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'Promise' Scholarship Covers Tuition And Fees For 100 Rockford Students In First Year

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The college admissions process is complicated. It’s even trickier to maneuver miles of scholarship applications and financial aid packages when you’re learning remotely thanks to a global pandemic.

“It was a big mess to actually kind of dig through and try and find opportunities to get some financial burdens out of the way,” said Albert Mendez. He’s one of the students receiving the Rockford Promise scholarship in the first year of their NIU collaboration.

Last year, Rockford Public Schools announced the scholarship partnership with Northern Illinois University promising to pay tuition and fees to Rockford students. To qualify for the scholarship, students must meet a few criteria. They have to live in Rockford, attend Rockford Public Schools for all four years of high school and finish with a 3.0 or higher GPA.

Rockford Promise has been around for over a decade, but new funding from the city and a partnership with NIU took the program to a different scale. Last year, the program awarded a total of 30 scholarships, to students entering Rock Valley College and Rockford University. This year they gave out 150.

Tasha Davis is the executive director. She says even though getting students into college is a major part of this, it’s not the most important objective.

“Yay, we did it. We did the partnership, we got these kids in school,” she said. “And now it's time to get these kids across the graduation stage.”

She says 60% of their cohort is first-generation, low-income and/or minority. They also have refugee and DACA program scholars.

Mendez’s mom is a Mexican immigrant who has worked factory jobs to help his family get by. He says it was really hard financially and so he knows what an opportunity the scholarship presents.

“I feel like that's almost every parent's mission, like, I want to give them what I didn't have,” said Mendez. “I'm just trying to fulfill their mission right there.”

Most first-generation college students don’t graduate in four years. Retaining first-gen and minority students is much more difficult than bringing them to campus. Davis says scholarships are pointless if they don’t graduate.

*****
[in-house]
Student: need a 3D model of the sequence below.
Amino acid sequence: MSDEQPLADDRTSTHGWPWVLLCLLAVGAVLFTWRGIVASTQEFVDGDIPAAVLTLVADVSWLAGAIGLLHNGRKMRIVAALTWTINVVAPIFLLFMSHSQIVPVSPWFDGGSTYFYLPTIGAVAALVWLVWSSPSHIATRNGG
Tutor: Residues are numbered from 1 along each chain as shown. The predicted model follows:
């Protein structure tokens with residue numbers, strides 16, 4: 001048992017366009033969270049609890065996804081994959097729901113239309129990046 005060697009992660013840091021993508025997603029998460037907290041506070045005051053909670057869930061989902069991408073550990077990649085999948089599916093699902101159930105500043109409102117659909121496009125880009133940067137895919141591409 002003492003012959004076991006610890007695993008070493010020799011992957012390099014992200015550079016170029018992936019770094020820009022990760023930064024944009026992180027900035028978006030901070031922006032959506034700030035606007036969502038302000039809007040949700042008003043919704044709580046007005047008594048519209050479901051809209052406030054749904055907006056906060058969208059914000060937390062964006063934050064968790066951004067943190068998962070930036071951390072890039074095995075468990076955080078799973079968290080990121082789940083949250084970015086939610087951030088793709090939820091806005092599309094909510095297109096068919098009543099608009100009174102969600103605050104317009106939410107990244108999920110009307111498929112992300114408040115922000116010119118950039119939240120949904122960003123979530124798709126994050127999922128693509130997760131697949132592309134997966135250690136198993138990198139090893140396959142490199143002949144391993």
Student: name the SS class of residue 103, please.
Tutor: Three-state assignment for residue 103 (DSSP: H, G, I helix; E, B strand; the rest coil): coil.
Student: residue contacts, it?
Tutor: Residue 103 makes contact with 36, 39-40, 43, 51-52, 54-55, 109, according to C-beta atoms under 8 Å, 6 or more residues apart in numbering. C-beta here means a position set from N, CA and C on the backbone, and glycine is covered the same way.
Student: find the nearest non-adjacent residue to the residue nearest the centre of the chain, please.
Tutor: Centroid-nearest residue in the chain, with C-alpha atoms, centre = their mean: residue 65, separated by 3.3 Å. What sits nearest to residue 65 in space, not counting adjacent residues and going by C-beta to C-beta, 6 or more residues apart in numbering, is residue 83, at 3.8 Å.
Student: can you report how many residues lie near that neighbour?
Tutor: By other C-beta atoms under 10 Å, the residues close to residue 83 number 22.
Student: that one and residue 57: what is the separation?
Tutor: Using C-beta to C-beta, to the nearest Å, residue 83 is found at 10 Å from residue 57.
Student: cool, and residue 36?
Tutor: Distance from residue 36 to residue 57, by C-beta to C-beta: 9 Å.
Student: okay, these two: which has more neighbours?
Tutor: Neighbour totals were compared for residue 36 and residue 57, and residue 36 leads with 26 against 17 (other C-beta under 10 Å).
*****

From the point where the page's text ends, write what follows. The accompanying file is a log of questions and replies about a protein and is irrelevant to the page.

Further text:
“There are things that go beyond the financial barriers and that's where Rockford Promise comes into play,” she said.

They’re setting up each student with a mentor to help them through their academic and professional journey. She hopes they can facilitate internships too.

For Mendez, it already has. He’s studying business at NIU and was approached for an internship at a Rockford-based wealth management firm during a Rockford Promise fundraiser.

“He actually gave me and my friend Carlos an internship opportunity for the summer to work with Savant [Wealth Management],” he said.

Kalilah Chears is another NIU freshman getting a full-tuition scholarship through Rockford Promise. It’s been a bit challenging to adapt to college life so far. It’s bound to happen after spending an entire year learning remotely.

But she’s already met her mentor and even signed up to be a peer mentor herself.

“I'm kind of excited to be part of that. Coming back and helping the Rockford Promise community,” she said.

Even though she was never in the classroom with them, it was one of her teachers that first told her about the scholarships. Chears says NIU was already a top choice for her, but getting her tuition and fees covered sealed the deal.

For Tasha Davis at Rockford Promise, the goal is to be able to offer this to everyone who meets the criteria -- not just all who apply.

“At the moment, we're nowhere near that number that we can afford, according to the city funding. But I'm sure we will meet those numbers as the communication gets out to the community and to the young people inside of RPS 205,” said Davis.

The scholarship requirements are the same for Rockford University as they are with NIU -- and Rock Valley College only needs a 2.75 GPA.

The city of Rockford wants to devote revenue derived from the new casino to the program.

Rockford Promise helped send 100 freshmen to NIU this year, which makes up just under 5% of the school’s total cohort of new first-year students.

Davis hopes that number grows more and more every year, as more students discover the scholarship and the community continues to fund it.